• Container management – there’s a wide variety of tools that people use for container orchestration, including DIY (14%). There’s a lot of interest in having CF do it: “Nearly three-quarters (71 percent) of Cloud Foundry Application Runtime users currently using or evaluating containers are interested in adding container orchestration and management to their Cloud Foundry Application Runtime environment.” Hence, validating the Cloud Foundry Container Runtime.
  • Of course, the surveyed are already CF users, so they’re biased/driven by what they know.
  • Almost half of respondents say that getting started with CF. But people end up liking it: “An overwhelming majority of users (83 percent) would recommend Cloud Foundry Application Runtime to a colleague, including 60 percent who would do so strongly.”
  • “As more companies roll out Cloud Foundry Application Runtime more broadly, the footprint continues to grow. Currently, 46 percent of users have more than 10 apps deployed on Cloud Foundry Application Runtime, including 18 percent with over 100 (and eight percent with over 500).” 4% have over 1,000 apps.
  • CF’s uses: “The primary use is for microservices (54 percent), followed by websites (38 percent), internal business applications (31 percent), Software-as-a-Service (SaaS) (27 percent) and legacy software (eight percent).”
  • Validating multi-cloud: “60 percent say this is very important, and another 30 percent describe it as somewhat important.” Meanwhile, 53% are using more than one type of IaaS.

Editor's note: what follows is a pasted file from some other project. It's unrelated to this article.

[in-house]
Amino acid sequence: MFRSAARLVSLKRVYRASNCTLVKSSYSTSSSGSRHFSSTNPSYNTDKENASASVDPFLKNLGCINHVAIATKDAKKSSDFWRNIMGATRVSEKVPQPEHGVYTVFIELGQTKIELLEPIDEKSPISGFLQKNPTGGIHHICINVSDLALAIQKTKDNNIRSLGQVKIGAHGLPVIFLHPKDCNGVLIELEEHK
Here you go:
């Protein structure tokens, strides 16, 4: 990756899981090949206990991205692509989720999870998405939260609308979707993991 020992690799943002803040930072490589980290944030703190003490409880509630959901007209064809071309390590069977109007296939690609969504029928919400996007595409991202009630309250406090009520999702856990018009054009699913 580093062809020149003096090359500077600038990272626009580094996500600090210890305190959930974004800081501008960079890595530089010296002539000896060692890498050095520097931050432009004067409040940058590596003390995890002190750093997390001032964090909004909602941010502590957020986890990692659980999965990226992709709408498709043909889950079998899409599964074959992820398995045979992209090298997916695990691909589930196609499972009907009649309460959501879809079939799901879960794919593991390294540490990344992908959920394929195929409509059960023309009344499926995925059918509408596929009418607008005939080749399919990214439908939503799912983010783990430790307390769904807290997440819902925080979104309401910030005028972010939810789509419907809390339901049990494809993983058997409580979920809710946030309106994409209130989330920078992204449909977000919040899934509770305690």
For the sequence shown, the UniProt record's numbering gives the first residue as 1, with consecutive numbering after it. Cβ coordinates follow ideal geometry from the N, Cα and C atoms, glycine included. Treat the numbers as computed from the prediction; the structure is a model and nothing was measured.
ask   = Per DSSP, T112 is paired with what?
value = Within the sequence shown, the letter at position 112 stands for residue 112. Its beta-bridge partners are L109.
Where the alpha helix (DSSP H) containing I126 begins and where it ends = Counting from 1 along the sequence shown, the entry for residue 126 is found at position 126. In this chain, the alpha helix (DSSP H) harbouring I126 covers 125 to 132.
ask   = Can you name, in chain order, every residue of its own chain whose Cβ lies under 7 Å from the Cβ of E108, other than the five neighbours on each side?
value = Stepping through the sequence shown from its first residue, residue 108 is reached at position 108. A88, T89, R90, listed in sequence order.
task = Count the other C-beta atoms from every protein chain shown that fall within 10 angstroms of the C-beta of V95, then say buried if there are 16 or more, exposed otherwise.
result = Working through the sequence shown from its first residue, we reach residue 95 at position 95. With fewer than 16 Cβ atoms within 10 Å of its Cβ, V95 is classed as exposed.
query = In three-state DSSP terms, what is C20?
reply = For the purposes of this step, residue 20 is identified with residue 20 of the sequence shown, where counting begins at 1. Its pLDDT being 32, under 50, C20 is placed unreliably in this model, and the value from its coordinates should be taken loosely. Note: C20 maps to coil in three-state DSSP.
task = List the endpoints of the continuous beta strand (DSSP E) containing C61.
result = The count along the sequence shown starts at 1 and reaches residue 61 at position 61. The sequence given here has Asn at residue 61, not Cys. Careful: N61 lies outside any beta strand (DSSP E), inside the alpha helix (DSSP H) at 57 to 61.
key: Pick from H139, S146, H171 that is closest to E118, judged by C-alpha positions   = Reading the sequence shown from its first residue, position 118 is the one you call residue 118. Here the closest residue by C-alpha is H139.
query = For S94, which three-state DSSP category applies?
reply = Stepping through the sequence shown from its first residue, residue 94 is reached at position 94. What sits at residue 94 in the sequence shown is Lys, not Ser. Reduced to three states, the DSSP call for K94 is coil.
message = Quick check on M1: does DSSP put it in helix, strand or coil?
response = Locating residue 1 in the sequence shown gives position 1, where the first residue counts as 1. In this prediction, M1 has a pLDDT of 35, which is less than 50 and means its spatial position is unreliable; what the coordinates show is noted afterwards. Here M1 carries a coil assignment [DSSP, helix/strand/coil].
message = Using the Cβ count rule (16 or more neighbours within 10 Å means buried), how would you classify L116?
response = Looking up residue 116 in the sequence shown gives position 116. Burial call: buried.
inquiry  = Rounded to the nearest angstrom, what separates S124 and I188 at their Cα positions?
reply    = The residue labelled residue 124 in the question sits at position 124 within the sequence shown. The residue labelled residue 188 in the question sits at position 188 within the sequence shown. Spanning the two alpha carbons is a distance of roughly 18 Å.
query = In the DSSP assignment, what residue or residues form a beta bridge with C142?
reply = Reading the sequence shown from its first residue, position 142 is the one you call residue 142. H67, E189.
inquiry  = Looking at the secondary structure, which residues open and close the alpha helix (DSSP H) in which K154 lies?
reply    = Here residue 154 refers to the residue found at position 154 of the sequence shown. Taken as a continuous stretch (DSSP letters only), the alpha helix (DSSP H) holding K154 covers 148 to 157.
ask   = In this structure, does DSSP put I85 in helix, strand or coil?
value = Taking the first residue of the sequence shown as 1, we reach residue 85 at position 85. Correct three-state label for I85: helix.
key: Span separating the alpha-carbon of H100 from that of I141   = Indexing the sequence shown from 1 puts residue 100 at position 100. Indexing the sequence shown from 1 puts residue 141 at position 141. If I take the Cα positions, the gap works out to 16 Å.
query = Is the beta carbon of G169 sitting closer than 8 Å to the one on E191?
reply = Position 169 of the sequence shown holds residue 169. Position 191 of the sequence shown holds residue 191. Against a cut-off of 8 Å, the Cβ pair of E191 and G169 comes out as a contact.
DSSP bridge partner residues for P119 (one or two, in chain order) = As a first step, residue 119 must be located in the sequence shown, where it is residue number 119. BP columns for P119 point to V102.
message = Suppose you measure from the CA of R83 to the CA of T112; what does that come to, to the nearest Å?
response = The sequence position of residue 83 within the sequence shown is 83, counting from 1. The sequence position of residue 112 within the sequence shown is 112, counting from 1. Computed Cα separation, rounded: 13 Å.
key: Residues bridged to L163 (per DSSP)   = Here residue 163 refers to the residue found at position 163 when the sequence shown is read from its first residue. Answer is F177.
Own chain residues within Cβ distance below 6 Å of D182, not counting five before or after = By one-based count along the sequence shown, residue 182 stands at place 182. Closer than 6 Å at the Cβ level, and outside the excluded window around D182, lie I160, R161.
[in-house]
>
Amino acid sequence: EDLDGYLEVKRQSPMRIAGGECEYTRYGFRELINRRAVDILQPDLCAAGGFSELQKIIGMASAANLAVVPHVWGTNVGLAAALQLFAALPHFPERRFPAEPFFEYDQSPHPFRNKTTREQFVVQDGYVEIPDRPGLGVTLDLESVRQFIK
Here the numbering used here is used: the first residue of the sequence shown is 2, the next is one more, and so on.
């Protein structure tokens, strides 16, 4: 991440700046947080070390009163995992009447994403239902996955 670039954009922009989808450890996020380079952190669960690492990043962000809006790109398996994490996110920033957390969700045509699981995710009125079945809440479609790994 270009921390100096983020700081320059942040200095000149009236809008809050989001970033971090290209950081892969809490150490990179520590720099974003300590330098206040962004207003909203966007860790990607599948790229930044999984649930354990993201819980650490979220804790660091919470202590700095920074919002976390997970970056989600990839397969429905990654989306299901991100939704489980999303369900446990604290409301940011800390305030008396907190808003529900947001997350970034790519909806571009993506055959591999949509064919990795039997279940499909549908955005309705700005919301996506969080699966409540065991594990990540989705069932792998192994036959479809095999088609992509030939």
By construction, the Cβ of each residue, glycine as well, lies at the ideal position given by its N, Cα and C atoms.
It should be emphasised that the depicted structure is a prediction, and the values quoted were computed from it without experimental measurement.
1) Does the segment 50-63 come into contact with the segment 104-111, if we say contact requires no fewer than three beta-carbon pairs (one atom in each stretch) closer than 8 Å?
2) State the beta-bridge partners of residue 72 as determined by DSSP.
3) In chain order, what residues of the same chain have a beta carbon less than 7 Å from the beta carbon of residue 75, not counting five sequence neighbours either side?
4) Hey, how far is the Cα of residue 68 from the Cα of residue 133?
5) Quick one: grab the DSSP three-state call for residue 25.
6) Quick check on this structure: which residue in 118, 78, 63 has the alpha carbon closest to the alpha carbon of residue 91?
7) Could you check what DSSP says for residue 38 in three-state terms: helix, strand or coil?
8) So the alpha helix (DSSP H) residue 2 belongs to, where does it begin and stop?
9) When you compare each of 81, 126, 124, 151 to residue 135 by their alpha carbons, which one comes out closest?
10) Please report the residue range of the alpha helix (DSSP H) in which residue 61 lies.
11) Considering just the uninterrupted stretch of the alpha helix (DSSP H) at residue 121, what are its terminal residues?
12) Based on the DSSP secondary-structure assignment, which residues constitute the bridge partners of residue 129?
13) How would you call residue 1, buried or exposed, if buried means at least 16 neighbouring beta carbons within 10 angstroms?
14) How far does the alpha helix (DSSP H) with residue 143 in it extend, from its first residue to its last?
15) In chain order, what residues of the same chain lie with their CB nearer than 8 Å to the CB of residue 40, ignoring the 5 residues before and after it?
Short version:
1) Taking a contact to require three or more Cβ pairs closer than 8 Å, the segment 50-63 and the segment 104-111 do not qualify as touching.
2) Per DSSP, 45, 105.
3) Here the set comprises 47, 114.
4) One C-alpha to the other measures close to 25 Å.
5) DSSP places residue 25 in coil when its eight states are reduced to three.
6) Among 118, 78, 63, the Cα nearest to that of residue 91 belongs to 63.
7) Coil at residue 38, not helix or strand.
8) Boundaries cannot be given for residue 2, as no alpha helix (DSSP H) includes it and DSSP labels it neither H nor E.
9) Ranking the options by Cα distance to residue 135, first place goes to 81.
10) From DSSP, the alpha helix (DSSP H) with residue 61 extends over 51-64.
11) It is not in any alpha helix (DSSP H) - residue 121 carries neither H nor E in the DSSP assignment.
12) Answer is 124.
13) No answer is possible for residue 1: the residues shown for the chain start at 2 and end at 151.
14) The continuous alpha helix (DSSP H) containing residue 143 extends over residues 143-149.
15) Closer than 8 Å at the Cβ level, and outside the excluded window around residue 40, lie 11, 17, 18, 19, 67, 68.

Bloomberg on kubernetes in Cloud Foundry

On overview of how Bloomberg is looking at the likes of Pivotal Container Services:

“Many Kubernetes distributions are good on day one, when they’re first deployed,” said Andrey Rybka, technical architect in the office of the CTO at Bloomberg, the global finance, media and tech company based in New York. “But what happens on day two, when something fails? Kubernetes doesn’t [automatically] address things like failures at the physical node level.”

And:

The roadmap for Cloud Foundry Container Runtime includes support for stateful applications based on the StatefulSets feature that became available with Kubernetes 1.7 in June. The foundation also plans to integrate the Istio project, founded by IBM, Google and Lyft in May, which helps to manage network communications between microservices

Also, see coverage of the general announcement in TechCrunch, the related press release, and our discussion in this week’s podcast.

Source: Cloud Foundry Container Runtime eases Kubernetes ops

Red Hat OpenShift Momentum – Highlights

Brian Gracely of Red Hat (and formally an analyst who did some of the best “cloud-native”/cloud platform work early on) has a momentum post on Open Shift. Here’s my highlights:

Sizing up revenue and deal-size:
[Q3, FY 2017] Also of note, we closed our second OpenShift deal over $10 million and another OpenShift deal over $5 million. And significantly, we actually had over 50 OpenShift deals alone that were six or seven figures, so really strong traction. [Q4, FY 2017] with our largest deals in Q4 approximately one-third had an OpenShift container platform component.